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A process is defined by its entry and exit criteria. The entry standards for a verification and validation (V&V) exercise involving software design documents must be explicitly documented and enforced. The minimum entry criterion suggested:
Do not consider the evaluation of a software design specification that has been generated from unverified requirements. In that case, step back, and ensure that the requirements are correct and complete.
The development of software uses many techniques, but in general, only two need to be considered relevant to design specification V&V: the System Analysis and Design (SAD) approach, and the Object Oriented (OO) method. In the former, the focus in on the flow of data, using data flow diagrams and program structure charts. In the latter, the concentration is on object interaction; use case models that evolve into objects and class representations. Use of the Unified Modeling Language (UML) has become prevalent in object oriented design specifications.
The consequence of the life cycle to V&V is the management of document scope. For example, an iterative life cycle may produce four or five versions of the system design specification, one for each respective iteration. The designers may have purposely ignored entire sections of the requirements--and V&V must be able to recognize that. Ultimately, this will condense into a matter of communication. However, recognize that if the document contents do not explicitly define the scope of the specification, the intent must be confirmed with the authors.
At a high level, successful software design specification V&V involves static analysis and static testing techniques. The primary goals are to:
The first objective closely aligns with the quality function verification, "are we building the product right?" (Dorfman and Thayer, et al., 1997). Aspects of the verification function are also present in the second objective; however, the quality focus in this case is intimate with the validation function. Software validation should answer the question "are we building the right product?" (Dorfman and Thayer, et al., 1997).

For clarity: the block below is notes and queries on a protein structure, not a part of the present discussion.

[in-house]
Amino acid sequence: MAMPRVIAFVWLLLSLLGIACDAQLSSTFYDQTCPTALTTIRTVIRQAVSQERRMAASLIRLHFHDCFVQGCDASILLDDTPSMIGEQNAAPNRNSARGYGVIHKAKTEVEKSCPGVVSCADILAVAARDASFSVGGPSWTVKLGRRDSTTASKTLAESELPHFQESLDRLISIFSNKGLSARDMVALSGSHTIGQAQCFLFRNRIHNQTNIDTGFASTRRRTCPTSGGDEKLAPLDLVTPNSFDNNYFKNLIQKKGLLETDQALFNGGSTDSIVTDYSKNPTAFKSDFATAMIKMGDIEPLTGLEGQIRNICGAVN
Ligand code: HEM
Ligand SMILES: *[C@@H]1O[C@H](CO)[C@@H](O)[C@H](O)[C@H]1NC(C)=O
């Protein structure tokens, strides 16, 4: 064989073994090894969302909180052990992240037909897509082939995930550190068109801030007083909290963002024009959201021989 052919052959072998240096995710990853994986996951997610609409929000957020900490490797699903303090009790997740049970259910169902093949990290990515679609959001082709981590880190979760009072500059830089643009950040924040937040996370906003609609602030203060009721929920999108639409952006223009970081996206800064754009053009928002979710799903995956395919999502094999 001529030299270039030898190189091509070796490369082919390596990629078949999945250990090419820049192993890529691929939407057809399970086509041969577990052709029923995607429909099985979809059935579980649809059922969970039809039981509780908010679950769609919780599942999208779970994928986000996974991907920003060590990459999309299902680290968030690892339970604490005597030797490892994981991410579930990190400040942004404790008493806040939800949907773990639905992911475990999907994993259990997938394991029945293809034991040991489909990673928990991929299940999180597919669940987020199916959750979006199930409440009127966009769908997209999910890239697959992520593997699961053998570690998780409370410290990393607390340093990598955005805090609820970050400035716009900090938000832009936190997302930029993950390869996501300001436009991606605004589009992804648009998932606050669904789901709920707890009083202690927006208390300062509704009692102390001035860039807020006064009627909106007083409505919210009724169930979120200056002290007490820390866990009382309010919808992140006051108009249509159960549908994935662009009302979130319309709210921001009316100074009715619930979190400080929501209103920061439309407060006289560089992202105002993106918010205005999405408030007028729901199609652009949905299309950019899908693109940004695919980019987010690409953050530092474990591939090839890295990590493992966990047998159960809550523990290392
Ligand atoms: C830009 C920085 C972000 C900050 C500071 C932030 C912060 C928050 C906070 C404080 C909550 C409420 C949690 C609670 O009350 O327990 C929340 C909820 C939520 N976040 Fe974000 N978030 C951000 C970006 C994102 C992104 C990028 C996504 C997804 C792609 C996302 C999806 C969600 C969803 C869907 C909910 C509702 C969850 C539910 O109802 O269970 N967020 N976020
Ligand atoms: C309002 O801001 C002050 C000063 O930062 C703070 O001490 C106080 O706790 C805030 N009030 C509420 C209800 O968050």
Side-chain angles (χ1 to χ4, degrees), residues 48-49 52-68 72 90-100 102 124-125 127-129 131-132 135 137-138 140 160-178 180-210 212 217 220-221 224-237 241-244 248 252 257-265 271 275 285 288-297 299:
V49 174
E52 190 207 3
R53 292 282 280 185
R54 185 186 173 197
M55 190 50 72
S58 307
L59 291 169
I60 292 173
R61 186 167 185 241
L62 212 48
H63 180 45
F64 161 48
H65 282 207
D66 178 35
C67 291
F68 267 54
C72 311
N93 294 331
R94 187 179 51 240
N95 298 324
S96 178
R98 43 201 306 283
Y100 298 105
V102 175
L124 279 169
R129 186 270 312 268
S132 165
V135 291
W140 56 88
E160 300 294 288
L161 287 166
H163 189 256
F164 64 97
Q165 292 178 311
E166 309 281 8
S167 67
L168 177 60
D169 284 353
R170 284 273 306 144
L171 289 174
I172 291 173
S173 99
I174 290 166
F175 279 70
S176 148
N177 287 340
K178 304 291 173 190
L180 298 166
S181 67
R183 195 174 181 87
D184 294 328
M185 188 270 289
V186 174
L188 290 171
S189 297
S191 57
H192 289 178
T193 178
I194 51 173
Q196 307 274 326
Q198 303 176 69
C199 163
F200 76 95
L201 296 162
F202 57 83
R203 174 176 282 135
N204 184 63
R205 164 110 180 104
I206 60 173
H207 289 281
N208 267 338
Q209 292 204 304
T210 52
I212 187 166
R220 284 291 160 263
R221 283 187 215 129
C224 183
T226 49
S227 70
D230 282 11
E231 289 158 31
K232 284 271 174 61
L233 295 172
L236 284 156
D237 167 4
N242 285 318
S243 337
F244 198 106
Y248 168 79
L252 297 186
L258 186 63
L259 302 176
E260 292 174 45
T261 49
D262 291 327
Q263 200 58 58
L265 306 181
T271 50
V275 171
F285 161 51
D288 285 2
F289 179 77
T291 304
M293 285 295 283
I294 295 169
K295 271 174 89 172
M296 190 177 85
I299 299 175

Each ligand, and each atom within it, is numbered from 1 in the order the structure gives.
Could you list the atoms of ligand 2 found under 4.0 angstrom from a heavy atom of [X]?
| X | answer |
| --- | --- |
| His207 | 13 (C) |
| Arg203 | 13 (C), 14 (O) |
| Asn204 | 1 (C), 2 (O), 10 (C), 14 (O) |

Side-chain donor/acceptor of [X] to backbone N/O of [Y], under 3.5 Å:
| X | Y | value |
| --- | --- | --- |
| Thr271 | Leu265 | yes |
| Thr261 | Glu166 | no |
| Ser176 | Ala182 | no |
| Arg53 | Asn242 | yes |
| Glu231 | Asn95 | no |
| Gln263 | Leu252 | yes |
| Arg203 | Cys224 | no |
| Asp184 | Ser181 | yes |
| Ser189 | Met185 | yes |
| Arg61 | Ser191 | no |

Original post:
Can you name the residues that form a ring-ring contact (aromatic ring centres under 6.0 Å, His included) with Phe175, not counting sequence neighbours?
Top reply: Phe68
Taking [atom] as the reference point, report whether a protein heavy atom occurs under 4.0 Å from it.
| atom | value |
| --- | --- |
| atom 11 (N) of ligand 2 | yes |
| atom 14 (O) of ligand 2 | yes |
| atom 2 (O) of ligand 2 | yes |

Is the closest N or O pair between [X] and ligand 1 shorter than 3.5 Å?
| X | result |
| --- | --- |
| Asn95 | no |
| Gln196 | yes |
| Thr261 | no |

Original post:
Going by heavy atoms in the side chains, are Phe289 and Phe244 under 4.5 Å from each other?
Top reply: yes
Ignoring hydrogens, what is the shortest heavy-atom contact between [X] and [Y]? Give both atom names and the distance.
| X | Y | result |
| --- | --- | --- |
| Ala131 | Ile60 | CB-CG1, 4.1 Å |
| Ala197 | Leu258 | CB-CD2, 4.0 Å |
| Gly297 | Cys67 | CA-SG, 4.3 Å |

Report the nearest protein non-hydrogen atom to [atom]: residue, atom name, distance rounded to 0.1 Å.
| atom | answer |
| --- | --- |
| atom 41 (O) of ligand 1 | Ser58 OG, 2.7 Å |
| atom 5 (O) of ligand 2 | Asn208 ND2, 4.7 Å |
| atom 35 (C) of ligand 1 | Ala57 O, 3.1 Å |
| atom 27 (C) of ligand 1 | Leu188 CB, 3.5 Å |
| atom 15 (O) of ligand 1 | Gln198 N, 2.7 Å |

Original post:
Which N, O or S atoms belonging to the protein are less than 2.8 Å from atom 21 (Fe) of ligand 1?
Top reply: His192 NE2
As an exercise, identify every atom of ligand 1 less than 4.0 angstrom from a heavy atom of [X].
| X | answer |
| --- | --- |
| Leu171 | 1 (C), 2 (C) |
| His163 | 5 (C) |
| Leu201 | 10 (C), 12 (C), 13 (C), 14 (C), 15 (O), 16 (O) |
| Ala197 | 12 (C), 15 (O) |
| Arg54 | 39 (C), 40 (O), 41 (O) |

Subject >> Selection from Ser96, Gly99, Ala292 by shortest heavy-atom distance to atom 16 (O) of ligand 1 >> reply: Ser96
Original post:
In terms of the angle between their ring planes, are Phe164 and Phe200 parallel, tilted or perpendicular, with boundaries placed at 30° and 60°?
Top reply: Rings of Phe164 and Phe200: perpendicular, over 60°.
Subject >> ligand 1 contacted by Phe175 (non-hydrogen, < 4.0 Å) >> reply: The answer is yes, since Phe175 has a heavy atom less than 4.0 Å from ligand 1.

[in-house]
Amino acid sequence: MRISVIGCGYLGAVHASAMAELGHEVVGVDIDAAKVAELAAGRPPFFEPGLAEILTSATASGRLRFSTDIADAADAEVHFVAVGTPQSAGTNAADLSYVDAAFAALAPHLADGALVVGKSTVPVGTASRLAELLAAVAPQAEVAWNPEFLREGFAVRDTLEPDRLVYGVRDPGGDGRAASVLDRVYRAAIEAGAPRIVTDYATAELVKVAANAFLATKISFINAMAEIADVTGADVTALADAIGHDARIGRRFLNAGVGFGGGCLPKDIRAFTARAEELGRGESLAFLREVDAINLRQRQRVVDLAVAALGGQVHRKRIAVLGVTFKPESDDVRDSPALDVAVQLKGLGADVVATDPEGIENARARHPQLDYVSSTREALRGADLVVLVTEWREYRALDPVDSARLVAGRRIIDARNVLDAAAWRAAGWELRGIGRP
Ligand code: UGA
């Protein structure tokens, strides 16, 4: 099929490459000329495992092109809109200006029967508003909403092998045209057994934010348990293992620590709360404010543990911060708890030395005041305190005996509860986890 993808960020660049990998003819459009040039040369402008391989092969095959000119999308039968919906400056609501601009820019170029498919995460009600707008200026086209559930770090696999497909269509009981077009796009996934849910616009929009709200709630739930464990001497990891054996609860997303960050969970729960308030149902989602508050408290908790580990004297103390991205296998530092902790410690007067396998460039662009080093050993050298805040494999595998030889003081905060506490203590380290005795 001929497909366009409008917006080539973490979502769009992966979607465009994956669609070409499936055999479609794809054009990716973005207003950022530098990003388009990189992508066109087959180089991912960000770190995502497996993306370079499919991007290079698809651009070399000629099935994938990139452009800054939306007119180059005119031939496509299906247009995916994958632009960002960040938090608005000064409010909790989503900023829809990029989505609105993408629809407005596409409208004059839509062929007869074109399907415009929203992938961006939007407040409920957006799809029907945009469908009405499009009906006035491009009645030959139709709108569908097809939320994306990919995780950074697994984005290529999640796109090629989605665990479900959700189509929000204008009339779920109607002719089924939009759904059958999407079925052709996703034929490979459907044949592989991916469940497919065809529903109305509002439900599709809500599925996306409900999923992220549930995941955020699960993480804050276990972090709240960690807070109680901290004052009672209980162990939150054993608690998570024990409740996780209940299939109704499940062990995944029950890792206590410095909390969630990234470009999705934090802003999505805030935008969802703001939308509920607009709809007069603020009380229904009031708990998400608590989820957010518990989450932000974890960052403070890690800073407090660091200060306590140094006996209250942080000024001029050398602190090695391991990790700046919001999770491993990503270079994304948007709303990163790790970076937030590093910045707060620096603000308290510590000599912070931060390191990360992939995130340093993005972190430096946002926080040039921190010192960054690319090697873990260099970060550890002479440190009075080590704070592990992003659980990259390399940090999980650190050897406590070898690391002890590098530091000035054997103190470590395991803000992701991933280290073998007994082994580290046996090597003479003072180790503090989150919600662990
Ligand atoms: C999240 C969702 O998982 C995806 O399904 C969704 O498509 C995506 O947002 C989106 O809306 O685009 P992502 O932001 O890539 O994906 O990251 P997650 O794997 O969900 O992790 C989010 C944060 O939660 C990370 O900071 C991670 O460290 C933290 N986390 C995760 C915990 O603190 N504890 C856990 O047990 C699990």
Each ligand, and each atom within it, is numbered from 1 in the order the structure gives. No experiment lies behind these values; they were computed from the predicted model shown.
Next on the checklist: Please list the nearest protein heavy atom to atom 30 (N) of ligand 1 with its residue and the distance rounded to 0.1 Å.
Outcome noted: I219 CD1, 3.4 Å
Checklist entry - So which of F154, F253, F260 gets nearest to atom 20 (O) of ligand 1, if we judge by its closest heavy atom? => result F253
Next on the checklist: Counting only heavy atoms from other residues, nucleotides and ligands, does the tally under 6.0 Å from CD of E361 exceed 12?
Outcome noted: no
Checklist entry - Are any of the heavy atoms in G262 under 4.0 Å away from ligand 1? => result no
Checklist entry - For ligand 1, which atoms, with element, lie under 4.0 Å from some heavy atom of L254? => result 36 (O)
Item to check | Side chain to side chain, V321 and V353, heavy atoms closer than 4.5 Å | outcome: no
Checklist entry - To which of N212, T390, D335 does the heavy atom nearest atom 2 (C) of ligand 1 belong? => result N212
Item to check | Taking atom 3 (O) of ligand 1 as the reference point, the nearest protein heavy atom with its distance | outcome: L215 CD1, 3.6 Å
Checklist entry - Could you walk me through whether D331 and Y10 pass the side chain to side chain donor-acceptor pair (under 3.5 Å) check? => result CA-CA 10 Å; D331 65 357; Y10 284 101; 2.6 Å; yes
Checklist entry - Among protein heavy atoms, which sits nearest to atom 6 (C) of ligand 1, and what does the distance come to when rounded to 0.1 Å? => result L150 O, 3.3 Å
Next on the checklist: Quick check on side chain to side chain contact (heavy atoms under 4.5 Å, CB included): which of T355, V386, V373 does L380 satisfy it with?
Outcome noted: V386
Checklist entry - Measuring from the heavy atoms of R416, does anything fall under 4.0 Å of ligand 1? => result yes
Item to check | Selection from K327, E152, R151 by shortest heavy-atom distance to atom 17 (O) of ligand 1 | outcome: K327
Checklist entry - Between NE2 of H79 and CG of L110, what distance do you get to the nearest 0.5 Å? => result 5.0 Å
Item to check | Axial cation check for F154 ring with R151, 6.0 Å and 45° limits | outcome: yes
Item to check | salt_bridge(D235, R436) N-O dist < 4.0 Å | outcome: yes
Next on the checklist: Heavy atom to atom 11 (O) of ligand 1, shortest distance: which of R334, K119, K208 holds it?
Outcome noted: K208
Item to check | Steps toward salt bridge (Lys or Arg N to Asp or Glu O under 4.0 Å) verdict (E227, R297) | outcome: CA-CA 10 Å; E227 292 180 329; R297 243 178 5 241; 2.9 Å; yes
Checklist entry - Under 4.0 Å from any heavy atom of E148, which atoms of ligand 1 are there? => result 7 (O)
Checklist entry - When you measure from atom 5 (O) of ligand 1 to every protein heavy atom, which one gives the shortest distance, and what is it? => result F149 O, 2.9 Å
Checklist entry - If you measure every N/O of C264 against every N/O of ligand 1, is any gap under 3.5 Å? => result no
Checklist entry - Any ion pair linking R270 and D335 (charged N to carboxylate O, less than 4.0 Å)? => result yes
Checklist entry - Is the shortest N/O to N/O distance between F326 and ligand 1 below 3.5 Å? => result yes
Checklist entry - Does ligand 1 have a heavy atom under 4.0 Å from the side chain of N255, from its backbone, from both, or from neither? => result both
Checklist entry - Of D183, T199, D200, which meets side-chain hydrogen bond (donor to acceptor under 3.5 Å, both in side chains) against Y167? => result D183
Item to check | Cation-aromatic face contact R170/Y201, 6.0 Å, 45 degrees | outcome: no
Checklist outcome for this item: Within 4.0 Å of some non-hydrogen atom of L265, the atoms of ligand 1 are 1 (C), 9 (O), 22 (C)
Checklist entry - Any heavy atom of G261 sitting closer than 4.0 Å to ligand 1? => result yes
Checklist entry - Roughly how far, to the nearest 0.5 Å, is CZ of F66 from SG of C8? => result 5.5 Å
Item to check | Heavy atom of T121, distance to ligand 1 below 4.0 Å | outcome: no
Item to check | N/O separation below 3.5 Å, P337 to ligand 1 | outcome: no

The methodologies presented will be a combination of static analysis and static testing techniques. Static analysis is the "process of evaluating a system or component based on its form, structure, content, or documentation" (IEEE, 1990). Kaner, Falk, and Nguyen define "static testing" as "examining a program without executing it using methods such as walkthroughs, inspections, reviews, and desk checking" (1993). Depending on the application domain, static testing of specifications may also involve modeling state, data and time. Factors such as risk, cost, and time to market will determine the applicability of these techniques.
Given a correctly constructed checklist, even the junior engineer can verify the format and content of the most complex software design specification. Admittedly, the design may have serious flaws from a software point of view, but that is another matter. The goal of this verification step is to compare the contexts of the document to what is expected. The attributes of that content are not under consideration in this step.
Consider again the analogy of an architectural drawing submitted to the building inspector. The building inspector expects to see consistency in the drawing contents: a plan view, elevation view, annotations of dimension, notes of material attributes, a title block with revision information and dates. The software design specification should also have the format and contents arranged to suit the primary audience. In the majority of cases, this will translate into a format based on IEEE recommendations, or will follow object-oriented design guidelines. The standard must be predetermined and agreed to by stakeholders.